The Rudd/Gillard Government’s 2009 Fair Work Act also placed its eggs in the corporations basket — albeit with some continuing reliance on the external affairs power and referral of State IR powers to the Commonwealth.
Thus on 26 March 2011 all instruments based on the conciliation and arbitration power will cease to have effect.
In an immediate practical sense, this will have little impact since all states other than WA have already referred their IR powers to the Commonwealth. But down the track, the new reliance on the corporations power may have significant consequences. This is because the idea — and the practice — of compulsory arbitration is fading away.
Fair Work Australia still acts as an arbitral tribunal but the emphasis has changed.
Employers and employees are consulted by Fair Work Australia as it goes about its work of award making and wage setting, but they do not drive the process in the way they used to: Fair Work Australia operates on its own motion, so to speak. The Rudd/Gillard government abolished the Fair Pay Commission and gave the job of annual wage reviews back to the new Fair Work tribunal. The timing of the reviews is now set by legislation, not by the parties.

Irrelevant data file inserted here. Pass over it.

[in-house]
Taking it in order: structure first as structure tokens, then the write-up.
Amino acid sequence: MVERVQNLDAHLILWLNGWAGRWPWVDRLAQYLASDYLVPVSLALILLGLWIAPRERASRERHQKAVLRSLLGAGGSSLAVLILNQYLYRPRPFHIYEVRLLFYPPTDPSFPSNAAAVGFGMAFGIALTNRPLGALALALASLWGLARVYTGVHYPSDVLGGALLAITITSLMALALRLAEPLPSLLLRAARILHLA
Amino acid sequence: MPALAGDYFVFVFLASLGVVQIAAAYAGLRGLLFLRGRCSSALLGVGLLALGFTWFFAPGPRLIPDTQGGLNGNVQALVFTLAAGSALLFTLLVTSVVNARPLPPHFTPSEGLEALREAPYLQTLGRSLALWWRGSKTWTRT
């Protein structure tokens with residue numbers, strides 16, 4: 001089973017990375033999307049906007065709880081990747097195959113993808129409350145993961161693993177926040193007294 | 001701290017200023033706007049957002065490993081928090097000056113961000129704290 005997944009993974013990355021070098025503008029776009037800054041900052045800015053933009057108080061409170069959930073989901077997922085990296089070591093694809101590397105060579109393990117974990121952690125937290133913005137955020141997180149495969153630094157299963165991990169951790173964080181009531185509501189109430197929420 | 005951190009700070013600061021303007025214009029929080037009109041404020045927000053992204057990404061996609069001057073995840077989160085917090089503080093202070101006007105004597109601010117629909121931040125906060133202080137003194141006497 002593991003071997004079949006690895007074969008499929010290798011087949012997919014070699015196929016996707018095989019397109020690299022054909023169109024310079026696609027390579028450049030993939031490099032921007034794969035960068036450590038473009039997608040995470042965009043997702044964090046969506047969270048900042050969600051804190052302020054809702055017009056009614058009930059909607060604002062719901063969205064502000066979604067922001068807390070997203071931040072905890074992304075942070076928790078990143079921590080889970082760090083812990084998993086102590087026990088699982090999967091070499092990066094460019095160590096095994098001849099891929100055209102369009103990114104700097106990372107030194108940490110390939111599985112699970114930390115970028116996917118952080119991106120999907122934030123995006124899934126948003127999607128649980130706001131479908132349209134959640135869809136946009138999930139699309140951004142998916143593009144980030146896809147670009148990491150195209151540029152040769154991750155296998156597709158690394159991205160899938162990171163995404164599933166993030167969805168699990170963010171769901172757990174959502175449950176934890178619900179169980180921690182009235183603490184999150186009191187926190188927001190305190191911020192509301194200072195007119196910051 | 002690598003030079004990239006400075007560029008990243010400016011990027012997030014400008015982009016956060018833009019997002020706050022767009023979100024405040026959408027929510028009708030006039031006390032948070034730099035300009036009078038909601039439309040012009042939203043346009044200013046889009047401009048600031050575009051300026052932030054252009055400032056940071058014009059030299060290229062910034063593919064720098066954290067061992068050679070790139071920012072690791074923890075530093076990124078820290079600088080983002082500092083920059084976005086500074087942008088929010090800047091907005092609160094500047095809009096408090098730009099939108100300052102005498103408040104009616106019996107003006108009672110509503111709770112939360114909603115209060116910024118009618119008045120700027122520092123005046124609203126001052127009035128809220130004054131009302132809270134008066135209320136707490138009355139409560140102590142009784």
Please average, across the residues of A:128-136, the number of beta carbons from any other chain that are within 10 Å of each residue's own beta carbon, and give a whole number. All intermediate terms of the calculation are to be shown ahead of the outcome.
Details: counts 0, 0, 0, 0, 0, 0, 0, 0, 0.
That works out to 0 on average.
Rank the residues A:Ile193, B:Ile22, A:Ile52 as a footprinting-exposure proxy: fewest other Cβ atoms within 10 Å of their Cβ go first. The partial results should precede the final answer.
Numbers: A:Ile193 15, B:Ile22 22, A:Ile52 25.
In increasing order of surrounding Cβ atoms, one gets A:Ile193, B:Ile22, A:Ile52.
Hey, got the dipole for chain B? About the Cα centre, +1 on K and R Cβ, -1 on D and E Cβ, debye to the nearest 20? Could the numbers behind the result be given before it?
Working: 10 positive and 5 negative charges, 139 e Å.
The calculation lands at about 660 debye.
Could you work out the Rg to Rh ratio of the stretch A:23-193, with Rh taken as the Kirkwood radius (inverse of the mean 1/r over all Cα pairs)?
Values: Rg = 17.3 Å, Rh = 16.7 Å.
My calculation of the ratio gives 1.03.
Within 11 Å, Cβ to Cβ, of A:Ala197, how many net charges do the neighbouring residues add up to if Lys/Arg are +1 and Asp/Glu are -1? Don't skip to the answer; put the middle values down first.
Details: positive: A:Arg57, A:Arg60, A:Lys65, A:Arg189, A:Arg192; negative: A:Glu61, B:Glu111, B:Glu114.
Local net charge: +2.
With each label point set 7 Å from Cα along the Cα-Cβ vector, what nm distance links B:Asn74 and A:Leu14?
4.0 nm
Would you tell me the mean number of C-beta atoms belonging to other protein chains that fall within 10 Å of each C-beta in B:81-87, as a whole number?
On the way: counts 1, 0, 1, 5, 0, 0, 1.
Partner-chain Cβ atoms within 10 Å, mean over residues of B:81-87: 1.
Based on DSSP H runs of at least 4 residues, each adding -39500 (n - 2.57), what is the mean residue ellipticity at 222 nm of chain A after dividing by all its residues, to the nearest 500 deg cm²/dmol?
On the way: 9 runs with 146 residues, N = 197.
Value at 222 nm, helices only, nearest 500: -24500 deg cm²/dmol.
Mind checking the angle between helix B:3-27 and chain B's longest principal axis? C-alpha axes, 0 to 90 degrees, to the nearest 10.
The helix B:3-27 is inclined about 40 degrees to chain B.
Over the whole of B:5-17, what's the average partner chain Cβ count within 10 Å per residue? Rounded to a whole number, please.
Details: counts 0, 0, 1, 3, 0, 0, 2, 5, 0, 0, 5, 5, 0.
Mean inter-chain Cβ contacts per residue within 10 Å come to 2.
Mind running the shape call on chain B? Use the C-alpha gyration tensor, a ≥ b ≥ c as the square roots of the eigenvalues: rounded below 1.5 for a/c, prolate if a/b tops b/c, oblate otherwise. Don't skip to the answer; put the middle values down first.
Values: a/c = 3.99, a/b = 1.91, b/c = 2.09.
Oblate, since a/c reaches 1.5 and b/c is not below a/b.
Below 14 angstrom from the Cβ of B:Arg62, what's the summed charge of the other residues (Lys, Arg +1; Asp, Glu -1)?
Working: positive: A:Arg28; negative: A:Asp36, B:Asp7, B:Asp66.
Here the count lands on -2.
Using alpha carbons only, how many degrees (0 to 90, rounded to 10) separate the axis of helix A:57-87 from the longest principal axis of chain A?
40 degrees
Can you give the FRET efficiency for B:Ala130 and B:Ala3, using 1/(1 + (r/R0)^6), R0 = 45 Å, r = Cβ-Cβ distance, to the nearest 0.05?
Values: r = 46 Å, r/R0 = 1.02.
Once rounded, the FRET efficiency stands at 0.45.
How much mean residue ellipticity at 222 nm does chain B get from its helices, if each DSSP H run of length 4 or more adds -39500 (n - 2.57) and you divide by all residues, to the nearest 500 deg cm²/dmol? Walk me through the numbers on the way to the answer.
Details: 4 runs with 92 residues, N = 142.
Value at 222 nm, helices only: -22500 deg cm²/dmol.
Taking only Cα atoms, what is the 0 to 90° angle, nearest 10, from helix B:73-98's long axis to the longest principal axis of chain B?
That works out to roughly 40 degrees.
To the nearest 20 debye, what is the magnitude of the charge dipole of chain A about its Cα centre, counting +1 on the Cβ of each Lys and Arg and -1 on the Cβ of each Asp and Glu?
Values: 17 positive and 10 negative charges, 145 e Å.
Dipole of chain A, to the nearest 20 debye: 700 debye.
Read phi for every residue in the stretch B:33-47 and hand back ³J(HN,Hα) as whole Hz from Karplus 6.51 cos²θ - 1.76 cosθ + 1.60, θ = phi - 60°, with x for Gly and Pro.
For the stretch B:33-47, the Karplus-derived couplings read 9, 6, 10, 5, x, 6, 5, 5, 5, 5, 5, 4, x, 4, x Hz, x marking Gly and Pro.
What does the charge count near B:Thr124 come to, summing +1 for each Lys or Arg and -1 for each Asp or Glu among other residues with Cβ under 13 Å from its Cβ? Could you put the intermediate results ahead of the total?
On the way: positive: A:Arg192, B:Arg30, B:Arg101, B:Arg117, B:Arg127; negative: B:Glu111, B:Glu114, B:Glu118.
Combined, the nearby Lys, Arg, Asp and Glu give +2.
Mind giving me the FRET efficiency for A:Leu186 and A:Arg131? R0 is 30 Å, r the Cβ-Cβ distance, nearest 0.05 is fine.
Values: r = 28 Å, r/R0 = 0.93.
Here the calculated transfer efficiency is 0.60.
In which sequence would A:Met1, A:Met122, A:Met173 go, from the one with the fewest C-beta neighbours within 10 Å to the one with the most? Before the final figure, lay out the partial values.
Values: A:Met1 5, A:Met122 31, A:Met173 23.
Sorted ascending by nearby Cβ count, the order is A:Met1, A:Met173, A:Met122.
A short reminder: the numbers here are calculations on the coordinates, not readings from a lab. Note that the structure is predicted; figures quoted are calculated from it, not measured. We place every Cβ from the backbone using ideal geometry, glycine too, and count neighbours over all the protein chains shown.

Similarly, the "modern" awards created by the former Industrial Relations Commission were created by the tribunal at the direction of then Workplace Relations Act Minister Julia Gillard in accordance with terms dictated by her and the Workplace Relations Act. Employers and unions were consulted but did not really own the outcome.
The one area in which the parties can still operate largely independently is bargaining for enterprise agreements. Here, the state has stepped back and allows the parties to slug it out while tribunal members are forced by law sit on their hands.
Certainly enterprise agreements must meet certain minimum requirements, but in normal circumstances, the parties can resort to the old methods of strikes and lockouts to pressure each other into agreement — and the State is legislatively powerless.
The Fair Work Act requires parties to bargain with each other in good faith, but does not require them to reach agreement. If they do not reach agreement, Fair Work Australia will not arbitrate any outcome, other than in certain relatively narrow circumstances. If they do reach agreement, agreements must include a dispute settling clause — but this does not have to include binding arbitration as a last resort.